The first volume in the trilogy consent not to be a single being engages in a capacious consideration of the place and force of blackness in African diaspora arts, politics, and life.
Offers a glimpse of new perspectives on how philosophy performs in the gaps between thinking and acting.
In this follow-up to his influential 2010 book, Dark Matter: Art and Politics in the Age of Enterprise Culture, Sholette engages in critical dialogue with artists’ collectives, counter-institutions, and activist groups to offer an insightful, firsthand account of the relationship between politics and art in neoliberal society.
Davis explores definitions of entertainment, arguing that it can be found embedded in all forms of theatre, not just the ‘popular’.
This collection of essays explores contemporary manifestations of extraterritoriality and the diverse ways in which the concept has been put to use in various disciplines.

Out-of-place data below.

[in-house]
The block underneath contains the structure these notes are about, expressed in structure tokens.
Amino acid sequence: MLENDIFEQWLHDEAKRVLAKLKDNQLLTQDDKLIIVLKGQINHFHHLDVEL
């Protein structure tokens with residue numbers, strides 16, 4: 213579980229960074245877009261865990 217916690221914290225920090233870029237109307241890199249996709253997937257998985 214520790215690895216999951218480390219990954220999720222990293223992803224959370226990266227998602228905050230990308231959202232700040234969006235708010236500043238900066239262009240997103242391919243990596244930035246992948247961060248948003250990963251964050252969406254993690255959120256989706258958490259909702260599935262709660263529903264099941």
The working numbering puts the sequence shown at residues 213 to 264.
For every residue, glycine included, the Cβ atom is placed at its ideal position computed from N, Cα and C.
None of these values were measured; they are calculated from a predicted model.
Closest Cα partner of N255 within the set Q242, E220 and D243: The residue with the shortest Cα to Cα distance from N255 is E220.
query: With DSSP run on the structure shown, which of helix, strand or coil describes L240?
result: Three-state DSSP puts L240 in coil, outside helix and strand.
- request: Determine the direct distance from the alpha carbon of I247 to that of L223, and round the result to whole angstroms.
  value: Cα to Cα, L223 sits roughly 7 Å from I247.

Cruising Utopia considers the work of seminal artists and writers such as Andy Warhol, LeRoi Jones, Frank O’Hara, Ray Johnson, Fred Herko, Samuel Delany, and Elizabeth Bishop, alongside contemporary performance and visual artists like Dynasty Handbag, My Barbarian, Luke Dowd, Tony Just, and Kevin McCarty in order to decipher the anticipatory illumination of art and its uncanny ability to open windows to the future.
Essays on philosophical and aesthetic perspectives on painting, photography, music, architecture, performance and cinema.
Brings together classic texts that help to define culture as a tool of resistance.
This publication uses the concept of the culture industry as a point of departure, and tests its currency under contemporary conditions. This item is referenced in the Dreams for an Institution Guide (P2313).
See Pop Trauma DVD: D1793